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Learning Outline

Introductory Chemistry

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Pre-A&P (BIO 095)

Chemistry is the basis for biology

Basic structural concepts

  • Atom: smallest part of a pure substance, or element, that still has the properties of that substance
  • Molecule: a particle made up of one or more atoms bound together
  • Element: a pure substance, made entirely of one kind of atom (all known elements are listed in the Periodic Table)
  • Compound: substance made of molecules that contain more than one kind of atom

Atomic structure and function video

  • Many different models exist; none are perfect slide
    • We’ll look at the Bohr model and electron cloud model first —then later structural and space-filling models
    • Bohr model (named for Niels Bohr) shows electrons orbiting the nucleus like planets orbit the sun
    • Electron cloud model (ECM) shows electrons as a cloud surrounding the nucleus
  • Nucleus
    • Protons have positive (+) charge; number of protons is “atomic number” and signifies kind of atom (which element)
    • Neutrons have no charge; optional and variable in number (isotopes)
  • Electrons
    • Electrons have a negative (-) charge and do not affect the type of element
    • Electrons may be present in regions called energy levels
      • The further from the nucleus, the more energy is needed by the electron to stay there –so the higher energy levels are farther from the nucleus
      • The lowest (first) energy level can contain up to two electrons
        • The next few can hold up to eight electrons each (the “octet rule”)
      • Energy levels fill from the inside out
Bohr model

Bohr model (hydrogen atom)

Bohr oxygen

Bohr model of oxygen atom (s and p are suborbitals) Credit

Energy levels

Electrons move to new energy levels as they gain or lose energy (squiggly arrow)

Electron cloud model (helium)

Electron cloud model (helium)

Behavior of atoms: chemical bonds slide

  • Atoms want to be “happy”—meaning having a full outer energy level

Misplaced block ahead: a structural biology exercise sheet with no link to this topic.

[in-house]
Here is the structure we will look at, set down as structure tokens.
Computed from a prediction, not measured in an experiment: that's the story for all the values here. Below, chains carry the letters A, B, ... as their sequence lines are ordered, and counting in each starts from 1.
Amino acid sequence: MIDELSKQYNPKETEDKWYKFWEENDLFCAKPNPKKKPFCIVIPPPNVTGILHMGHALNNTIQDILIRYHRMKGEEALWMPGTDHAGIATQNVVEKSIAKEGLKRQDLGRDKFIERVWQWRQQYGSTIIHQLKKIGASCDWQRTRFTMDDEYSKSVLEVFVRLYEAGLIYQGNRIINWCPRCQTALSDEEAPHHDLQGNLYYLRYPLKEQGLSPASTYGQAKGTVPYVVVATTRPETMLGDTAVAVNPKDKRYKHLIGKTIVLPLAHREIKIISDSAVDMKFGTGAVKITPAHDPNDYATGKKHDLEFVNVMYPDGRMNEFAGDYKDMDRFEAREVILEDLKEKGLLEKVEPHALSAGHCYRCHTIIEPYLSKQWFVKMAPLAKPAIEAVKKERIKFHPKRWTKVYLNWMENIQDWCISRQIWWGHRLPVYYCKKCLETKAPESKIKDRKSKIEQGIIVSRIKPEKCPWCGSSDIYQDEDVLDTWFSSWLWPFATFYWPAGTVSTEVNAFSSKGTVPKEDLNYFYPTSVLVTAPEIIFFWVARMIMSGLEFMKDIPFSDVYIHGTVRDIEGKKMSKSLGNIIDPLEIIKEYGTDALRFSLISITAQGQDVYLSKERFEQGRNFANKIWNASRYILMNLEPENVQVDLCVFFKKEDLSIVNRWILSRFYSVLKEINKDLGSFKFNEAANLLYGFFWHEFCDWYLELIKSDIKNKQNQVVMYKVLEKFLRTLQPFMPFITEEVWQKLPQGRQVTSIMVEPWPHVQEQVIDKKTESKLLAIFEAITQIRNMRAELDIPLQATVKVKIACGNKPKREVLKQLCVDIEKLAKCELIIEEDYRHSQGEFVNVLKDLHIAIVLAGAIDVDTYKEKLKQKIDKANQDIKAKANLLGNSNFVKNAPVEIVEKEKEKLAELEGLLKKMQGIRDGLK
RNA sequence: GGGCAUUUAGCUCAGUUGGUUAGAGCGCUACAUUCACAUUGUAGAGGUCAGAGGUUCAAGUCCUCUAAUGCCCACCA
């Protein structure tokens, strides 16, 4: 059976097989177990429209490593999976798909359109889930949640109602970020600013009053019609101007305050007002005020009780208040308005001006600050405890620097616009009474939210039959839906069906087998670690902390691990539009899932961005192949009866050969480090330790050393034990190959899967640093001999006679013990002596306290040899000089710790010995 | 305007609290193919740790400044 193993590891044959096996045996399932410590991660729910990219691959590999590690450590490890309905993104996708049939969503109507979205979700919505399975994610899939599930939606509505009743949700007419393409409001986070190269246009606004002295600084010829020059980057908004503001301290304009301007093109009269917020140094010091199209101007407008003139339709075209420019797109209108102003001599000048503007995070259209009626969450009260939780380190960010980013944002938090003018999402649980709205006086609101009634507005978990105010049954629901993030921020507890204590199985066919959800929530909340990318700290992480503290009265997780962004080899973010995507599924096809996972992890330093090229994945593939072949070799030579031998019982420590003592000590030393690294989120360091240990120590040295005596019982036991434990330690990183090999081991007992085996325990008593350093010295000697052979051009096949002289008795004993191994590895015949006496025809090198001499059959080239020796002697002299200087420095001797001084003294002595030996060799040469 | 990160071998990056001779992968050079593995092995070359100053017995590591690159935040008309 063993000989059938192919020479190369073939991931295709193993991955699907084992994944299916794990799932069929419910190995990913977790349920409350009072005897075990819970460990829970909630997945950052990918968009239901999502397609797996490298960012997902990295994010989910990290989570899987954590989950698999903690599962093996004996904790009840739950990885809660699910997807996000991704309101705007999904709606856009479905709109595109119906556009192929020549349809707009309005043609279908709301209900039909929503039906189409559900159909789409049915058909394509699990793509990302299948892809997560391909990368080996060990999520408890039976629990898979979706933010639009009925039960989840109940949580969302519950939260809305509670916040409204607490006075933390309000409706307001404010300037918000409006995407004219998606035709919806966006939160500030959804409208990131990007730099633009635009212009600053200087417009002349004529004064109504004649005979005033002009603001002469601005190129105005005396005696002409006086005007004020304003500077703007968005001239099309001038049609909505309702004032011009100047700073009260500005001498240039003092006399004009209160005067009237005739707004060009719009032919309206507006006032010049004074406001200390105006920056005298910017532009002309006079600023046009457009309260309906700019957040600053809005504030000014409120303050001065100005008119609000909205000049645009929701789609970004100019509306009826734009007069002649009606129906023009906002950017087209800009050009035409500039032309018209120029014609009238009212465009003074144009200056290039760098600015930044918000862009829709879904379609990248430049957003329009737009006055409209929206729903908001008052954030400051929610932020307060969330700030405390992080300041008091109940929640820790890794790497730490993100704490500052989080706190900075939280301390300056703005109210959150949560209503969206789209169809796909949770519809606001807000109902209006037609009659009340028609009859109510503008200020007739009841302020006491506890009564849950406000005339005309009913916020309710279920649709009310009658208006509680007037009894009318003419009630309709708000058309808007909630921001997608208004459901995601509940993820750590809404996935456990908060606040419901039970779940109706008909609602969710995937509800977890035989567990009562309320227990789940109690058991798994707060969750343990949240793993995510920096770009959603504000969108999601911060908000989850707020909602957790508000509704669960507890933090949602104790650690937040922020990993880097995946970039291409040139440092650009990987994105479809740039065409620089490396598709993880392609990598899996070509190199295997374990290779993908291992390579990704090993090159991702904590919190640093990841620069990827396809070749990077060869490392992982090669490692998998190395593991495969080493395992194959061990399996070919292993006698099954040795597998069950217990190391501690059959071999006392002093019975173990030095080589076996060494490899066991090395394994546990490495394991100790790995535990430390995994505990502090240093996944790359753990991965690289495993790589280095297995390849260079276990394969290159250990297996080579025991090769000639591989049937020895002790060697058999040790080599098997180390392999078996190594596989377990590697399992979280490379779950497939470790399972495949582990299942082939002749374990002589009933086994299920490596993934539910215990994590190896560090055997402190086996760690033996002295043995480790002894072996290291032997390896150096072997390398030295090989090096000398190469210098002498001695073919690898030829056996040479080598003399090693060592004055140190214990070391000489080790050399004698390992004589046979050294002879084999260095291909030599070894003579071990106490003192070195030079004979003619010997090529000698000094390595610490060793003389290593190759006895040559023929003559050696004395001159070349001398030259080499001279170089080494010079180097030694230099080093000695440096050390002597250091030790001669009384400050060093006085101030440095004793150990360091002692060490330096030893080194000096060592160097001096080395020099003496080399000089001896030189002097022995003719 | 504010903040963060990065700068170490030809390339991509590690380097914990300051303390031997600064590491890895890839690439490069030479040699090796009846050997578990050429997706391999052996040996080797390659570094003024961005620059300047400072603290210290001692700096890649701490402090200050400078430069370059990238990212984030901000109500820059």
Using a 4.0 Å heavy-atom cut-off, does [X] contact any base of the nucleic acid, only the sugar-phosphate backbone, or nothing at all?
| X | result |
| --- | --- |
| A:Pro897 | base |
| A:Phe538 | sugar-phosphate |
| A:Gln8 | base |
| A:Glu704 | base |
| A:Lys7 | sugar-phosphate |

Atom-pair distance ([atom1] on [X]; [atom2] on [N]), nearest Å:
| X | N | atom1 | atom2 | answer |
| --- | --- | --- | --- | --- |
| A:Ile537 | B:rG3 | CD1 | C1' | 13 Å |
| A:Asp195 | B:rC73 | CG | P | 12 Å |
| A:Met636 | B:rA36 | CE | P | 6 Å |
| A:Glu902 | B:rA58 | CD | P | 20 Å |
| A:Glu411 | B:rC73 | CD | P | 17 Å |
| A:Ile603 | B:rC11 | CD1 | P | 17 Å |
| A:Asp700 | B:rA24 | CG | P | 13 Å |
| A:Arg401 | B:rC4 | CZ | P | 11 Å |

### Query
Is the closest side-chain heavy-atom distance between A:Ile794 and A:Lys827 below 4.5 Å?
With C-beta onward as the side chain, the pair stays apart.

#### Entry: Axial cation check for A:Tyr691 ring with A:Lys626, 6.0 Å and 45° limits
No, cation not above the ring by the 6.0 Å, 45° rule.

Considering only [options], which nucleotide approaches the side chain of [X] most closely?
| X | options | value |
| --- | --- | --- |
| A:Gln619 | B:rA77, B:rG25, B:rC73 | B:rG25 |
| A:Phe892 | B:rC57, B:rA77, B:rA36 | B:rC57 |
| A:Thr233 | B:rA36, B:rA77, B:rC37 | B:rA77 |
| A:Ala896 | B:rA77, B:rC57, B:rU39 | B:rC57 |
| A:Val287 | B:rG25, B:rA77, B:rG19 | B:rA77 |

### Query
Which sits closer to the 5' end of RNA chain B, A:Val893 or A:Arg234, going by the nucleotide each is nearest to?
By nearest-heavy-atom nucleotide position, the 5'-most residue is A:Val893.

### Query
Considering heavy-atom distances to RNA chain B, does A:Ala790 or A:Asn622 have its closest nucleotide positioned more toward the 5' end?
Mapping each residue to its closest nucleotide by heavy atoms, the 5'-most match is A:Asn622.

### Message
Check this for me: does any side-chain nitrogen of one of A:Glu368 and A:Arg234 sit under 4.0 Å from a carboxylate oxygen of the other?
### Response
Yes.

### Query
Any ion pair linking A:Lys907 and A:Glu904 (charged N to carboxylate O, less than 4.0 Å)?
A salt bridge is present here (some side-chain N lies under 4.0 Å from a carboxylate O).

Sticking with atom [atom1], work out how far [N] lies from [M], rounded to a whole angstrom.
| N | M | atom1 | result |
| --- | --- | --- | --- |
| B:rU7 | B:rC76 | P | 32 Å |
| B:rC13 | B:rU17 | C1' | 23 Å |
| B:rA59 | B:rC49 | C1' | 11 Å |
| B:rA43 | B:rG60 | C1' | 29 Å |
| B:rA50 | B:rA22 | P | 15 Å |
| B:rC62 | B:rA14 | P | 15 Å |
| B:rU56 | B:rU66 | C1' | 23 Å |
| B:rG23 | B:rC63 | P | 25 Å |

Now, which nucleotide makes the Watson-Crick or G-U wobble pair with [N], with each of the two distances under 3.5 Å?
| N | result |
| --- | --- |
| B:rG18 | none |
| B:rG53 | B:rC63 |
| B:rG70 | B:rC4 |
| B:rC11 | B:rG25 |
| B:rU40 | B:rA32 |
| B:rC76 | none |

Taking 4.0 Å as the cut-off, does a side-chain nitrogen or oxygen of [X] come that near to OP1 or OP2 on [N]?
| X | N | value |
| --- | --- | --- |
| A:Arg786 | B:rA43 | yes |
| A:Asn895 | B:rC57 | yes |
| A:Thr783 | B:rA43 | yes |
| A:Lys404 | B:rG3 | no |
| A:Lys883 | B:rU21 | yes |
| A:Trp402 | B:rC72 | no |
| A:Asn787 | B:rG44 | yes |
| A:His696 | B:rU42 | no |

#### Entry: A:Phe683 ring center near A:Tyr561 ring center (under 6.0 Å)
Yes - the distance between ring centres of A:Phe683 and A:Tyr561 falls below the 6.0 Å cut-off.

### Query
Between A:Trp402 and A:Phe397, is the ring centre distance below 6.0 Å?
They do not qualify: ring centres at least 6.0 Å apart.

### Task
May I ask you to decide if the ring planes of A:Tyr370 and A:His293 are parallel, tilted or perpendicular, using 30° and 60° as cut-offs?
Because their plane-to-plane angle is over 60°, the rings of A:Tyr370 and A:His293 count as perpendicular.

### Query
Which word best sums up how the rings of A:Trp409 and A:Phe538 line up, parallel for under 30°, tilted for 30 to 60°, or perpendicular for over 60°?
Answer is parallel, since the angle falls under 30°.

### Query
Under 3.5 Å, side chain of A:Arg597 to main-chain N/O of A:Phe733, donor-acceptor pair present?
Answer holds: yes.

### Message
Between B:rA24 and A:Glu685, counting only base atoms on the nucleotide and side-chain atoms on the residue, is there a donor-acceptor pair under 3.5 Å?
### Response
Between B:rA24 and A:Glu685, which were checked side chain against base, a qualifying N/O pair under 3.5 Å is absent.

• One path to happiness: ionic bonds
    • Occurs when an atom gives one or two electrons to another atom, giving both “full” outer energy levels
    • Ion: charged particle (atom or group of atoms)
    • Ions “stick” together because opposite charges attract —forming a bond
    • Electrolyte: molecule that dissolves in water to form ions
      • Sometimes the individual, dissolved ions are also called electrolytes
  • Another path to happiness: covalent bonds video
    • Outer level is “valence” level (from Latin word for outer garment)
    • Occurs when atoms share valence electrons (co-valent, get it?)
    • Sharing may not be equal slide
      • Polar molecules occur when sharing is NOT equal
        • Polar molecules are hydrophilic, or “get along with water”
        • Ions also “get along with water”
      • Nonpolar molecules occur when sharing IS equal
        • Nonpolar molecules are often hydrophobic, “don’t get along with water” slide

Other attractions

  • Sometimes also referred to as “bonds” or “weak attractions”
  • Hydrogen bonds (formed when polar molecules stick together) slide icon
  • Other weak attractions from temporary shifts in charge within molecules


  • Water is cohesive—hydrogen bonds make it “sticky” slide
  • May be represented H2O or H-O-H or HOH image
  • Solvent: something in which other molecules (solutes) are dissolved image
  • Solution: mixture of solutes dissolved in a fluid solvent

pH: acids, bases, and buffers slide

  • Water molecules may dissociate into H+ and OH
    • H+ is the hydrogen ion
    • OH is the hydroxide ion
  • Solutions with equal proportion of H+ and OH are “neutral”
  • Acids: solutions with higher proportion of H+
  • Bases: solutions with a lower proportion of H+ (alkaline solutions)
  • Can be expressed as “power of Hydrogen” or pH
    • pH scale is an inverse (base 10) logarithm of relative H+ concentration
    • 7 = neutral
    • acid = anything lower than 7
    • base = anything higher than 7
    • human blood plasma = pH 7.35-7.45
  • Buffer: system of molecules that absorb or release H+ —maintaining a relatively stable pH

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Last updated: July 7, 2017 at 21:02 pm